A Pilot Project of Collaborative Maternity Education: Understanding Perspectives from Family Medicine and Midwifery

Beth Murray-Davis, RM, PhD; Elizabeth Shaw, MD; Brian Kerley, MD; and Sandy Knight, RM

Background: In Canada, the decreasing numbers of family physicians and the small number of midwives providing obstetric care have been associated with a decline in access to maternity services. Several studies and policy documents support the development of models to enhance collaboration between midwives and physicians and to expose trainees to these models. A pilot project was undertaken to implement and evaluate an interprofessional learning opportunity involving midwifery students (MWSs) and family medicine residents (FMRs).
Methods: The aim was to describe how FMRs and MWSs develop skills to collaborate, and to identify the feasibility of this type of education. A convenience sample of 12 FMRs and 6 MWSs in a southern Ontario suburban community and their preceptors participated in a series of educational seminars and a clinical placement within the midwifery practice. Qualitative focus groups and interviews were conducted, and data were analyzed using thematic analysis.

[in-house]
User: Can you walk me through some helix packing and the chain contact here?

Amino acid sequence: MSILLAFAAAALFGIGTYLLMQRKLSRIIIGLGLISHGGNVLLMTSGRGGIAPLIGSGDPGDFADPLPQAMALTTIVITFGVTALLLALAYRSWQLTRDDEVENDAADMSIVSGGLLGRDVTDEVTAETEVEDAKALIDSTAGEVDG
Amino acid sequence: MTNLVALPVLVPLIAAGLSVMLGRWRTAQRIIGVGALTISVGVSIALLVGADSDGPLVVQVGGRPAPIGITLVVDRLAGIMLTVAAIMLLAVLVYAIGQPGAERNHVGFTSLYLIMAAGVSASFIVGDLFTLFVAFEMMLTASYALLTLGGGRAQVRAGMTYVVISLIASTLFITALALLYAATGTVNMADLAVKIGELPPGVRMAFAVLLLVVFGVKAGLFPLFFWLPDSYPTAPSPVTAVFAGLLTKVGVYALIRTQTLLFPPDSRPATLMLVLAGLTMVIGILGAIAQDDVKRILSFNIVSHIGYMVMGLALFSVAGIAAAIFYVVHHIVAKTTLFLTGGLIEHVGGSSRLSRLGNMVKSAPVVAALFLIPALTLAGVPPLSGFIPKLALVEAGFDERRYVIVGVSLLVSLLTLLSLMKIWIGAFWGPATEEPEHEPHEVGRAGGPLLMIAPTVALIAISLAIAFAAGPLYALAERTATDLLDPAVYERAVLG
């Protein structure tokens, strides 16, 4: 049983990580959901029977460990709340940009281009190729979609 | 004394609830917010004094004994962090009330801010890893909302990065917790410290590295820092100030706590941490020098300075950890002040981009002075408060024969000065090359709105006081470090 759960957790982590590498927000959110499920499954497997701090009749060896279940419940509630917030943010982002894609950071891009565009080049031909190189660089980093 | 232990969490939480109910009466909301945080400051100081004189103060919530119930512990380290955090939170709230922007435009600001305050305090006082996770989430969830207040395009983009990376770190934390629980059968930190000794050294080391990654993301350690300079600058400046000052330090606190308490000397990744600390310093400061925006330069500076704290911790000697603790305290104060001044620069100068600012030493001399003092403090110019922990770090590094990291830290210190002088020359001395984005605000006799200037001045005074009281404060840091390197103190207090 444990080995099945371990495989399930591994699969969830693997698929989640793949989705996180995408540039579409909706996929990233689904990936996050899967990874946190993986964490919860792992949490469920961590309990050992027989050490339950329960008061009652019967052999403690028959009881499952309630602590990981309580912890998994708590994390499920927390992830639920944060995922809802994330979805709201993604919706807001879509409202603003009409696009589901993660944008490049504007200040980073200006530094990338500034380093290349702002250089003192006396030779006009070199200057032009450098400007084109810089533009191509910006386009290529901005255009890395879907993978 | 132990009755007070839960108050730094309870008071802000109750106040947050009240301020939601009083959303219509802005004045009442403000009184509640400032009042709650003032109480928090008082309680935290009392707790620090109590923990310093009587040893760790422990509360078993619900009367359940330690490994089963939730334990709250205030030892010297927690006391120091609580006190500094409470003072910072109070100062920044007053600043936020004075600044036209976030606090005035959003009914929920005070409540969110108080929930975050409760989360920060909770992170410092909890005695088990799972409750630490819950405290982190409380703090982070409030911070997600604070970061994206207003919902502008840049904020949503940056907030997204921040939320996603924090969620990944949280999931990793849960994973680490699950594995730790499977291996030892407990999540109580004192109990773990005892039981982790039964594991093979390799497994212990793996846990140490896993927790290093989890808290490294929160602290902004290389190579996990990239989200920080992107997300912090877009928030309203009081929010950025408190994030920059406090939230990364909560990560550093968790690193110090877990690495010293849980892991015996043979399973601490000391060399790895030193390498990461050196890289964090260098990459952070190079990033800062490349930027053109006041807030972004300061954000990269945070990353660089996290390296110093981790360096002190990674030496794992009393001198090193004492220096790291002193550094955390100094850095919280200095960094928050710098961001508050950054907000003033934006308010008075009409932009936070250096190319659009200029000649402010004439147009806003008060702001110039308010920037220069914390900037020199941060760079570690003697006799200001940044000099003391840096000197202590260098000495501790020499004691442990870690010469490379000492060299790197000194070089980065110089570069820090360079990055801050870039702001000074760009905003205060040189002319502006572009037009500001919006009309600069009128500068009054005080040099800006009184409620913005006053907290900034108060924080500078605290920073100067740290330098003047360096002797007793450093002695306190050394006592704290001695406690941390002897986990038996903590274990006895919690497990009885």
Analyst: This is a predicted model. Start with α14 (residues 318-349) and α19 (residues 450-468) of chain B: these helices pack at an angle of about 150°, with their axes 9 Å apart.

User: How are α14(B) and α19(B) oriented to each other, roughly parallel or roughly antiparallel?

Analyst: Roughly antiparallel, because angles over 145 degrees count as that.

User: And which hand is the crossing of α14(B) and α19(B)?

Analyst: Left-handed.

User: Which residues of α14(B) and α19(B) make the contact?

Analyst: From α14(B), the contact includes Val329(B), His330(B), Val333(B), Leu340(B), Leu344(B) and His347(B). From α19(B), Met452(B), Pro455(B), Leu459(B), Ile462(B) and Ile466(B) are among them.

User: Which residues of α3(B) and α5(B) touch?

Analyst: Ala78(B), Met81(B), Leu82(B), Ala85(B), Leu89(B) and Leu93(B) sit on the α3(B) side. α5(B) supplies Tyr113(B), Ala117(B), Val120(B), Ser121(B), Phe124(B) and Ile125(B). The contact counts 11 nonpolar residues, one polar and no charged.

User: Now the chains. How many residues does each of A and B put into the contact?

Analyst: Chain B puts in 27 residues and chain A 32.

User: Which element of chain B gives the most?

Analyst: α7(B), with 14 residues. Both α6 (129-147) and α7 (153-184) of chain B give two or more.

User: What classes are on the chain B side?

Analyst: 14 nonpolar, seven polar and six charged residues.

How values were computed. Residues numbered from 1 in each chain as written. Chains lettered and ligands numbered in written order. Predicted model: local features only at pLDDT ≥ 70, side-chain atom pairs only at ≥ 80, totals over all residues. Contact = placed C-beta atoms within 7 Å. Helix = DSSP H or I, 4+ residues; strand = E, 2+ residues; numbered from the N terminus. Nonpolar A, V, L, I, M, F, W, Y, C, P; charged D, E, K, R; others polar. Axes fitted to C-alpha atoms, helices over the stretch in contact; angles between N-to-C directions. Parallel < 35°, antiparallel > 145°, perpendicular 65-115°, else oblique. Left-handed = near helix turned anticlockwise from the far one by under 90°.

Results: Qualitative analysis highlighted themes relating to the engaging of learners, logistical challenges, and the perceived value of interprofessional education (IPE).
Conclusions: This pilot project highlights barriers to and enablers of IPE. The findings will inform the modification of the project for future use and suggest that this project could be a useful model of IPE for primary maternity care.

interprofessional education, maternity care, collaboration

This article has been peer reviewed.


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